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Action alert: Solar Impasse at the State House

Solar Impasse Update 2016

Currently in Conference Committee at the State House the future of the solar industry hangs in the balance. H.3854 was passed overwhelmingly by the House at the end of November- Representatives apparently did not appreciate how devastating the bill would be for our solar energy future.

1. H.3854 raises the net metering cap by an inadequate amount- only 2%-
barely enough to last until summer, and not enough to continue planning large projects in areas affected by the cap. Projects in the planning stage, such as municipal arrays on capped landfills, could not proceed.

2. H.3854 drastically reduces the net metering reimbursement rate (‘net
metering credits’) by 75% for large municipal and community-shared solar
projects. This reduction in reimbursement for excess electricity provided to the grid will eliminate the financial justification for undertaking these projects in the first place— substantial cost saving for municipalities, and low-income residents.

3. H.3854 allows the utility companies to initiate a new mandatory minimum charge for solar owners. This would further reduce the incentive for homeowners, municipalities and communities to pursue solar.
These changes will destroy solar industry jobs in Massachusetts (layoffs are already occurring) and halt our progress towards replacing polluting electricity with green electricity.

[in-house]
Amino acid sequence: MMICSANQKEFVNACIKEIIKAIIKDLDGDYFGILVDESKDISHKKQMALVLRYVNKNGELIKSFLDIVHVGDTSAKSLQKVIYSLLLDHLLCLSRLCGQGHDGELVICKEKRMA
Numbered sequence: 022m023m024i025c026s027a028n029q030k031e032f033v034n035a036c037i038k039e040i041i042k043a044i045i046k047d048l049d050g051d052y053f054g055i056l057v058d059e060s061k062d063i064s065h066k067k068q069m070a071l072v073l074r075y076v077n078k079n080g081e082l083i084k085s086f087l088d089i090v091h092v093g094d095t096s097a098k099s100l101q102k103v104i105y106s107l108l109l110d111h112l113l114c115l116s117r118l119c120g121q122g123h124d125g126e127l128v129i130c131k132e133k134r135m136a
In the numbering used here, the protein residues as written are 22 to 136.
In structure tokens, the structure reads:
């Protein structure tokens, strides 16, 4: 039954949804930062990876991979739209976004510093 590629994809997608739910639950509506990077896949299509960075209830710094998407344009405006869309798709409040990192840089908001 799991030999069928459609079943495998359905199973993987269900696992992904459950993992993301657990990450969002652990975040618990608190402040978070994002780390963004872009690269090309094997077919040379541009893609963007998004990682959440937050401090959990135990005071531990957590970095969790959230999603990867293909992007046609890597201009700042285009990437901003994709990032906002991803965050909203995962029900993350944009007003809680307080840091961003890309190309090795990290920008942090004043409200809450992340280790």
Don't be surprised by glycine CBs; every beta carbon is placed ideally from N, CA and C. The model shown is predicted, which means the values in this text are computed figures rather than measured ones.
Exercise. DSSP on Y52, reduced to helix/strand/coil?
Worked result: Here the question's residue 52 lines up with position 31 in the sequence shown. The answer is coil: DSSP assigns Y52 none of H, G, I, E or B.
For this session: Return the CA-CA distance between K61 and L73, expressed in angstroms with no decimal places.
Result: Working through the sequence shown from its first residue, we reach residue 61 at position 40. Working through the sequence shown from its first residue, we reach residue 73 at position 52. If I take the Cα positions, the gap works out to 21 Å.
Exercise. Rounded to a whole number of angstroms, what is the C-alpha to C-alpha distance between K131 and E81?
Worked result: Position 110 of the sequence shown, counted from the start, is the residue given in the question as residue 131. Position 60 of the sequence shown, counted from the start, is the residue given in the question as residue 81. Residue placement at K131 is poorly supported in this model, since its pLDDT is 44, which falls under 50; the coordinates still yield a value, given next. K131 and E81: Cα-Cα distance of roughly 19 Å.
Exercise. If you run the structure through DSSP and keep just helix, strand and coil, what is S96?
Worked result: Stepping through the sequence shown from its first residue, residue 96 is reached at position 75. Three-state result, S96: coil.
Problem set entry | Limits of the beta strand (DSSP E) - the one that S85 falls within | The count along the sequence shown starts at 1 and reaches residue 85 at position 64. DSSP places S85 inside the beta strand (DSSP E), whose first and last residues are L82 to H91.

Our Representatives need to know that we are counting on them to
inform Speaker DeLeo and Chairman Dempsey that H.3854 is
unacceptable. We are also asking our Representatives to publicly support
policies that will continue to promote solar jobs and tax revenue:

We need to eliminate or substantially raise the net metering cap until a longterm solar strategy is developed.

We need to continue reimbursing for excess electricity at the retail rate, and not allow mandatory minimum charges, at least until a full, fair and transparent evaluation is undertaken in public, and justification for these drastic actions is clearly demonstrated.

Furthermore, if change to the solar programs in Massachusetts is seen as
necessary, the SREC program is preferable for modification, as that program accounts for most of the costs, and would have the minimum negative impact on municipalities, low-income and community solar projects.

Click below  to download the Northampton City Council resolution to oppose H.3854, which will be heard this Thursday Feb 4:

NorthamptonCityCouncilResOppH.3854-DRAFT